Connecting state and local government leaders
The freezing temperatures that lingered over much of the country last month led to astronomical natural gas prices and put some cities on the verge of bankruptcy.
This story was originally posted by Stateline, an initiative of the Pew Charitable Trusts.
The tiny city of Denison, Kansas, came to the brink of insolvency so fast last month that its leaders hadn’t figured out how to begin the bankruptcy process.
“We don’t even know how to go under,” said Vickie Wold, the city council president. “How the city fails, what happens here—we’re just hoping and praying.”
Denison has fewer than 200 residents, and in a typical February, the city pays about $4,000 to provide them with natural gas to heat their homes. Last month, the bill came to $242,498.
“We can’t write that check,” Wold said. “There’s no way we can pay that, and we can’t pass it on to these people, some of whom are struggling to keep their utilities paid as it is.”
Many cities in the Midwest are facing a similar crisis. A variety of towns large and small operate their own municipal utilities, providing services such as gas, electricity and water to residents. Some small towns exist as political entities primarily to provide those services.
Much attention has been paid to a relatively small number of Texas customers who received massive gas bills during February’s storm. But in much of the country, municipal gas utilities and natural gas-powered electricity providers are the ones that owe huge amounts of money.
The polar vortex that hit on Presidents Day weekend limited the supply of natural gas, which drove up prices. As infrastructure failed at the same time demand for gas spiked, the cost for natural gas on some pipelines skyrocketed to hundreds of times its typical level, forcing cities and utilities to pay unheard-of prices or let their customers freeze.
Fortunately for Denison, Kansas lawmakers moved rapidly to create a loan program for struggling cities. The town just received $192,000 to cover costs from the storm, which it will pay back over 10 years. Other states are acting as well. Illinois and Minnesota have created or proposed loan programs to allow cities to pay their bills in the short term, while giving them years to spread out the costs to their customers.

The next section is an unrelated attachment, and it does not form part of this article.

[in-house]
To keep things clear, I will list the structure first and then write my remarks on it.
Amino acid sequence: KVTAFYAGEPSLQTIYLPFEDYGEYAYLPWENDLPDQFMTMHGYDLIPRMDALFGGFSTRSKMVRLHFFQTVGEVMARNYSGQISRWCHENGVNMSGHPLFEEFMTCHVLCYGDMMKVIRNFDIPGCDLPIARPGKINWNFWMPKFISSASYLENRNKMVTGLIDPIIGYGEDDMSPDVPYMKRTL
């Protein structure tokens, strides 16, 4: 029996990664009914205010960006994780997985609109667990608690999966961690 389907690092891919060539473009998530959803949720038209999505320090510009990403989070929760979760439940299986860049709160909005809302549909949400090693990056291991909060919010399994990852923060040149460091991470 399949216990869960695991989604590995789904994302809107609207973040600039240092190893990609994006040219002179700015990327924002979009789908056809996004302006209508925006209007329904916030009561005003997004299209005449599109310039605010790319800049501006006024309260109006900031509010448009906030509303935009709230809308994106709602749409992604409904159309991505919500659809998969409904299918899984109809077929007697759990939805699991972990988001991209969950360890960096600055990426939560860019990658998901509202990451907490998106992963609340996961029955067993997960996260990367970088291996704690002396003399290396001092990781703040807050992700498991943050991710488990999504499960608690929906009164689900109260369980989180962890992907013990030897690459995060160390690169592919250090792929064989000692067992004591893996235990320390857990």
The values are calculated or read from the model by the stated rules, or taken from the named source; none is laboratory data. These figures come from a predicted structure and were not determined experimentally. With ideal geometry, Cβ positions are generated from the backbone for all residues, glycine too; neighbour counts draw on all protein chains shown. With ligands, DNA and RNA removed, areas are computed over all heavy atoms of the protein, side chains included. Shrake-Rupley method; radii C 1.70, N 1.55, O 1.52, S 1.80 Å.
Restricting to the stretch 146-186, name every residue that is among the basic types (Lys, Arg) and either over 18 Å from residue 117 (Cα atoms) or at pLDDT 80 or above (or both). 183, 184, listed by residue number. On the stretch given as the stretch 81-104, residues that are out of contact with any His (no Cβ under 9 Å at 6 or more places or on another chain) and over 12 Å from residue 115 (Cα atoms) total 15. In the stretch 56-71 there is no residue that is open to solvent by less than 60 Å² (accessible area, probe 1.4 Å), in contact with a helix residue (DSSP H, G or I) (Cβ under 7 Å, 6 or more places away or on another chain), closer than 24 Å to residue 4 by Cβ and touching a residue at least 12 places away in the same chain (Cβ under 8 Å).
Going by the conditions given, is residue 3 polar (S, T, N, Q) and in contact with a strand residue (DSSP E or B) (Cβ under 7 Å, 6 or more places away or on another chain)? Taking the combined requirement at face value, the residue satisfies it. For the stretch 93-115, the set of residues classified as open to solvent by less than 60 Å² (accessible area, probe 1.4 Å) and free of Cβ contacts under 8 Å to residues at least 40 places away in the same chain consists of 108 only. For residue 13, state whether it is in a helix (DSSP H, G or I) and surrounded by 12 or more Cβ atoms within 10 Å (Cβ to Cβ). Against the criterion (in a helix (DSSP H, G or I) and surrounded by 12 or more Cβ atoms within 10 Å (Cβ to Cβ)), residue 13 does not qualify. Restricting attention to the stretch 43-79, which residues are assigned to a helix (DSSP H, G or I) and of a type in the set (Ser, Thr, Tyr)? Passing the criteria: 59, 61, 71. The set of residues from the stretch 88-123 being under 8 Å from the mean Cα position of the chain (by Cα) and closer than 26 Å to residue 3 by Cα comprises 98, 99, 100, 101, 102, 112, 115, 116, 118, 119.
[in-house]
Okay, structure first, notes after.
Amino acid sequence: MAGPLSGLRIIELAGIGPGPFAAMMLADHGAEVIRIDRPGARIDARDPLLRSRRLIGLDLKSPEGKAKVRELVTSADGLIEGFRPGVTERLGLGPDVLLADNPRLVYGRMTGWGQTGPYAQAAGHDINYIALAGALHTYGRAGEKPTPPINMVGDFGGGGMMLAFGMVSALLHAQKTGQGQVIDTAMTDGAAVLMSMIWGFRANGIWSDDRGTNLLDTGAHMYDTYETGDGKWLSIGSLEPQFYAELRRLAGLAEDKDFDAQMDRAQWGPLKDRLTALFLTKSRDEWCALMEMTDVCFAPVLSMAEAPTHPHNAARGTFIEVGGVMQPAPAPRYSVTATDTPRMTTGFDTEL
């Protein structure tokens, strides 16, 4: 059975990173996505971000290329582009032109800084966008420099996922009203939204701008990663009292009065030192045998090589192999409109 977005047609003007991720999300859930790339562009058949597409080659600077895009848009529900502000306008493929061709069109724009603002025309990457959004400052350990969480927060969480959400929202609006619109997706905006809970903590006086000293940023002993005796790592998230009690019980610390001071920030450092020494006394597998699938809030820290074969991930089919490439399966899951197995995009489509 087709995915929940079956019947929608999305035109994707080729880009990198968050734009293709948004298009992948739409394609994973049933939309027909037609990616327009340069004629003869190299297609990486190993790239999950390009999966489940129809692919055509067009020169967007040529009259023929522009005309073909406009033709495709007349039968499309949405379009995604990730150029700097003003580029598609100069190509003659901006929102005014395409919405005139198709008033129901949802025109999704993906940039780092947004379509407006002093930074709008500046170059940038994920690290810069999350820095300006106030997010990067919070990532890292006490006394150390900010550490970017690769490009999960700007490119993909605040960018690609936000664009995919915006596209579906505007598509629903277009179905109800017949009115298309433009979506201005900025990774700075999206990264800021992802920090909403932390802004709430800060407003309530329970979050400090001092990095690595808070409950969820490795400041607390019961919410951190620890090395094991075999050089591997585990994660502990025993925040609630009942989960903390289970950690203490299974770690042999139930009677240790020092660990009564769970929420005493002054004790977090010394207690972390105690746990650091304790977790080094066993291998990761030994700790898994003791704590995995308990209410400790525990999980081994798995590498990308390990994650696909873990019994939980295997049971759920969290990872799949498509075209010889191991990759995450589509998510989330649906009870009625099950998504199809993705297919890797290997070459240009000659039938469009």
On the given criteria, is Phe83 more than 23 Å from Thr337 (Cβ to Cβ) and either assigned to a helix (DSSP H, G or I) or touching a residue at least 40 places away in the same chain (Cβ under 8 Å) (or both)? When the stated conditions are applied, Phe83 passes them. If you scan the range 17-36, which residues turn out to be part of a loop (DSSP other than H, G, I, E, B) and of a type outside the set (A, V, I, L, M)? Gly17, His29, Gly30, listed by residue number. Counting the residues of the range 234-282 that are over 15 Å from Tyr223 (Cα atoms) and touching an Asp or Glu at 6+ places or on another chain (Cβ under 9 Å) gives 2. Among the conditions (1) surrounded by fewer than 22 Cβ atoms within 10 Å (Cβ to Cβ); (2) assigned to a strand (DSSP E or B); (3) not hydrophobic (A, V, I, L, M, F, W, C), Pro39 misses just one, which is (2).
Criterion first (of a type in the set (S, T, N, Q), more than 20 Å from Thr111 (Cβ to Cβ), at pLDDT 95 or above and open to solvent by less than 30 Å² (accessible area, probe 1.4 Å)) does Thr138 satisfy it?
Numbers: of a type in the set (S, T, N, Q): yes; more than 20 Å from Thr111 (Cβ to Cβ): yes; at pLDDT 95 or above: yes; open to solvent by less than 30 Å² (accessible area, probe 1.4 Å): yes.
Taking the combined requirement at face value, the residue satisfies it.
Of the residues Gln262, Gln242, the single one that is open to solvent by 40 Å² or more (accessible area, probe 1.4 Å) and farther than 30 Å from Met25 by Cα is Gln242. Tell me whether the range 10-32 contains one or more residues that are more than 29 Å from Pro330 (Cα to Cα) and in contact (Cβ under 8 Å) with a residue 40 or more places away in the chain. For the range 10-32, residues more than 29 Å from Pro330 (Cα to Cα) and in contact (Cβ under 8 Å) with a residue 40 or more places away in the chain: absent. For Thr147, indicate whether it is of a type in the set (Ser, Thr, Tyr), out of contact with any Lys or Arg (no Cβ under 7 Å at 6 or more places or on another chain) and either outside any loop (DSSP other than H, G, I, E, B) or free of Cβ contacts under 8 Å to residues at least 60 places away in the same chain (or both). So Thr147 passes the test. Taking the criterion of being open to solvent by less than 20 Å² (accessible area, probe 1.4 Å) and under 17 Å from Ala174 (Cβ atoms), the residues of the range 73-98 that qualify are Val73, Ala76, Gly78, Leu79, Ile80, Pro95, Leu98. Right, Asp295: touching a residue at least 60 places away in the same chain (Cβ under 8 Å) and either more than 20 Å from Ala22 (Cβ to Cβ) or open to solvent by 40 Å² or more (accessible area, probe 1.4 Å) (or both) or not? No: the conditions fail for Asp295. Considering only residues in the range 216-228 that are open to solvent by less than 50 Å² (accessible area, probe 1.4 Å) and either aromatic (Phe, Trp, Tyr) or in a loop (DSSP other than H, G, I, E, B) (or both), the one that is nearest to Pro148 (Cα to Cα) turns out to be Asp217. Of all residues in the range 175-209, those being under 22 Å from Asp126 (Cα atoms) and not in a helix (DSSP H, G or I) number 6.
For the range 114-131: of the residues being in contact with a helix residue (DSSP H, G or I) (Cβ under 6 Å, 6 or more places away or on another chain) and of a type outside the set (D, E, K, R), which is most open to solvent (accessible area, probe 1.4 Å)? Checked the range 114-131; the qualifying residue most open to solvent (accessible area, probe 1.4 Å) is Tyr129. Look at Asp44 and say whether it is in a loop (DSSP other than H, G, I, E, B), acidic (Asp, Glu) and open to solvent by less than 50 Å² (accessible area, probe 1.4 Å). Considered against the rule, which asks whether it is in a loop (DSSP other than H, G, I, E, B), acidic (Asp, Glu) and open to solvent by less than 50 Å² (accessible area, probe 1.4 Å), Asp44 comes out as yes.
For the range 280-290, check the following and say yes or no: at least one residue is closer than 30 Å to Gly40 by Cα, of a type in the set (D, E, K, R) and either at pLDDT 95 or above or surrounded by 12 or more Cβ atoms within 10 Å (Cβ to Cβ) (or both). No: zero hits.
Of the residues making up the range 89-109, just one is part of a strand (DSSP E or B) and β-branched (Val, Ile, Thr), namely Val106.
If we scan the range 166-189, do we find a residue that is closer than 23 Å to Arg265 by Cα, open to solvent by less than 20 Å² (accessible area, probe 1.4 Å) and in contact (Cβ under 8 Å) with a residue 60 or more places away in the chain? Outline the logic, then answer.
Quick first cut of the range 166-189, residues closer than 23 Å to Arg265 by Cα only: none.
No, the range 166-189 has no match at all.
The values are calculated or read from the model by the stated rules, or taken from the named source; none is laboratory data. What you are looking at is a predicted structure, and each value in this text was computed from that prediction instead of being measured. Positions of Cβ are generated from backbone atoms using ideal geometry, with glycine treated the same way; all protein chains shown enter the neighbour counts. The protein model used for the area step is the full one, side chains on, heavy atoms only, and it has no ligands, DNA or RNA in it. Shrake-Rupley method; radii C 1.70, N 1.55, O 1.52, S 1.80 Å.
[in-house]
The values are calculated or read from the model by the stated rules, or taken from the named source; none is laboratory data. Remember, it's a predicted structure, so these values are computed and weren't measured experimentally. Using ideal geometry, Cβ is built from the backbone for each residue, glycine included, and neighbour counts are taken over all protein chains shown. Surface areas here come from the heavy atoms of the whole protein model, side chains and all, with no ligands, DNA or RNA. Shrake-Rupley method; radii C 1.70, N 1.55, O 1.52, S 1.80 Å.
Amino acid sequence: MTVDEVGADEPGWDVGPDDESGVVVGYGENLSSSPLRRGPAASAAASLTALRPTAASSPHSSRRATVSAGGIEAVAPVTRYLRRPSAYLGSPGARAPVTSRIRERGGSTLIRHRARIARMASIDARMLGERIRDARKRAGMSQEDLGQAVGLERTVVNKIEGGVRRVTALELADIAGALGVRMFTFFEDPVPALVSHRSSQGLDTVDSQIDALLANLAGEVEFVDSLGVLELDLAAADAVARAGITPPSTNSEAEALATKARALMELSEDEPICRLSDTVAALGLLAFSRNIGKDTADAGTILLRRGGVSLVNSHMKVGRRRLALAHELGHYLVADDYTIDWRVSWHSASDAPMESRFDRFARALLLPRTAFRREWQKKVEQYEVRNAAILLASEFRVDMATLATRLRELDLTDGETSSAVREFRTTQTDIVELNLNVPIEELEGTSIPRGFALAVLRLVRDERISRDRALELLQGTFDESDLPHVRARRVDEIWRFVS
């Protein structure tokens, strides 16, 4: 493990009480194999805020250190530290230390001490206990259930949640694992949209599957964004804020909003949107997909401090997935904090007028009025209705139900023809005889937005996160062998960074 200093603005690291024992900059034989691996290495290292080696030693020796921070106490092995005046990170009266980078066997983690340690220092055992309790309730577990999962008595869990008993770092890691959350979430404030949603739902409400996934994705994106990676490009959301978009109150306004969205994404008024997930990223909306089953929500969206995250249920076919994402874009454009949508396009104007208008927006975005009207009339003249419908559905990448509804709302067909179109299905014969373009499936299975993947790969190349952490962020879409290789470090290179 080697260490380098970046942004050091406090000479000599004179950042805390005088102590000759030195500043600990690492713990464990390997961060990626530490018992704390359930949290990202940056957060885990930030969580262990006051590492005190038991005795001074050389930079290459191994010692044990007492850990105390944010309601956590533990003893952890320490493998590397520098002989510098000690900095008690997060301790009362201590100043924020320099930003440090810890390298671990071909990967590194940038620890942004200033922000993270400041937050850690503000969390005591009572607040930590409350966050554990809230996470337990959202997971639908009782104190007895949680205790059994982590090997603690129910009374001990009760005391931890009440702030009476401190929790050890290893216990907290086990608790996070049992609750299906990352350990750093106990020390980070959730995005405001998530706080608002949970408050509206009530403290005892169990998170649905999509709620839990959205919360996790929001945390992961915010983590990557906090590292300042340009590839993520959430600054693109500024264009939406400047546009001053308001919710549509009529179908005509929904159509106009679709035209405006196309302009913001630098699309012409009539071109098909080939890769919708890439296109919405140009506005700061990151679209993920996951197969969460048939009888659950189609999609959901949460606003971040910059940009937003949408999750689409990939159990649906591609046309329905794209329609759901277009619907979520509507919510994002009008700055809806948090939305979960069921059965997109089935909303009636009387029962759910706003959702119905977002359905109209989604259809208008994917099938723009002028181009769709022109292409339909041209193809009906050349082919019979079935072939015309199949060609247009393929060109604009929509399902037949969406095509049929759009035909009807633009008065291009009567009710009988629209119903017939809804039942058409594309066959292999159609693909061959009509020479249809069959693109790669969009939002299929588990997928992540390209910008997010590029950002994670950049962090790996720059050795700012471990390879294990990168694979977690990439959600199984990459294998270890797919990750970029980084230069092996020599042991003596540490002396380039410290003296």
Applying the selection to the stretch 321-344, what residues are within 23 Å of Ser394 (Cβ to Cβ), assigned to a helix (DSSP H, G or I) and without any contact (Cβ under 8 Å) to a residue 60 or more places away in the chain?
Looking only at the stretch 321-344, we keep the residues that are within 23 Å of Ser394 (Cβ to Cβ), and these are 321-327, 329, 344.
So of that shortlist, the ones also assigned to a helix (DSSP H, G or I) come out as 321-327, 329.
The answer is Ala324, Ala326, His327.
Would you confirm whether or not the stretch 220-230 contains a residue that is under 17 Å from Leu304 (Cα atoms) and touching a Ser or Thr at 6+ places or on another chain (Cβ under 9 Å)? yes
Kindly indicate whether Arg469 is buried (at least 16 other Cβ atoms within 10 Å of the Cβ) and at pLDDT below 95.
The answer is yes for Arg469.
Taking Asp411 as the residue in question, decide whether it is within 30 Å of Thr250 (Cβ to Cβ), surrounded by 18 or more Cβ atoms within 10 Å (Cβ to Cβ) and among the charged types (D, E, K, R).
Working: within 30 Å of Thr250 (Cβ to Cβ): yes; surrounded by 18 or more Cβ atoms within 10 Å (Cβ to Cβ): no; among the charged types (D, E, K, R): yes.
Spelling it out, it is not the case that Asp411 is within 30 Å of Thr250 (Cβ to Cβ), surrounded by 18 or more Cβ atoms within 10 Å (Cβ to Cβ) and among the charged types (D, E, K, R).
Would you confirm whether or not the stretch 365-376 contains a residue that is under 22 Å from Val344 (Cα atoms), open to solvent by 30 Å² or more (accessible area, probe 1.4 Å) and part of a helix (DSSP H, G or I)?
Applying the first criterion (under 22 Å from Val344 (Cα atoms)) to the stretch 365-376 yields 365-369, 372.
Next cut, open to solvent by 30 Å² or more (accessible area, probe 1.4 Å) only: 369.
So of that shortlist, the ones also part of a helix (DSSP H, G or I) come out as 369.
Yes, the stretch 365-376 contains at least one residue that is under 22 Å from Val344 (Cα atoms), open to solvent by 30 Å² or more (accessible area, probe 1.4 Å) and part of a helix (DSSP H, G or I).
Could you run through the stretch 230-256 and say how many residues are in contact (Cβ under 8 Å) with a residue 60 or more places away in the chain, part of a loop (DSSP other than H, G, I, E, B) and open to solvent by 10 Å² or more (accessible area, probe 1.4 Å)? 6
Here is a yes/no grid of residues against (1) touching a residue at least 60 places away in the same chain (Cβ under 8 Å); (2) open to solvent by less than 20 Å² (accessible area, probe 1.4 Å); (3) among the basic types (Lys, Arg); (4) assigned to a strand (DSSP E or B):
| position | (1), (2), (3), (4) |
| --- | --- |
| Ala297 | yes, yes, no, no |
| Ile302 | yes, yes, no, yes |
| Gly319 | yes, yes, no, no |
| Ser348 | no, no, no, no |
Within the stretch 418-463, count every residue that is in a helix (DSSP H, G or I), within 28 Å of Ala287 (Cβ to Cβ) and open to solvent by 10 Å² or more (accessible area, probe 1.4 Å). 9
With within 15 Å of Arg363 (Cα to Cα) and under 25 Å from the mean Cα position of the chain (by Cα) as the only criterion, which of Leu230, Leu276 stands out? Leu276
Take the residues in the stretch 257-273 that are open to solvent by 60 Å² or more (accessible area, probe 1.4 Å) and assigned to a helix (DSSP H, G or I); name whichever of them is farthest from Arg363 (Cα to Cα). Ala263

In many areas, large utilities like Xcel Energy were also hit hard by the gas prices, but their cash reserves and ready access to capital make them less vulnerable than small towns with tiny budgets.
Kansas lawmakers are considering a bill to help large, investor-owned utilities manage their debt, but some already have borrowed money from the private sector to help with their storm costs. The sense of urgency for small towns facing bankruptcy was much greater, lawmakers said.
Some state attorneys general have announced investigations into whether price gouging contributed to the crisis, and the Federal Energy Regulatory Commission is also looking into possible market manipulation. Utility experts say it could take years to determine exactly what happened and who benefited—let alone if any illegal activity occurred.
Even if price gouging is found to be a factor, natural gas experts say the wild price swing is a function of the current market structure, where energy prices change daily, though the drastic nature of February’s spike was unprecedented.
In the meantime, cities say they’re trying to hang on. Officials predict it will take years to dig out from this crisis. And as climate change amplifies extreme weather events, they fear there’s little to protect them from a future disaster.
“This is a good opportunity to say, maybe we do need to be preparing more for these unbelievably large superstorms,” said Kimberly Gencur Svaty, a lobbyist for municipal utilities in Kansas. “Sometimes you have to have that scenario that's huge and eye-opening to get the regulators and the industry to say, ‘We cannot let this happen again.’”
‘A Dire Situation’
Roughly 1,000 municipalities nationwide have natural gas utilities, 53 of which are in Kansas.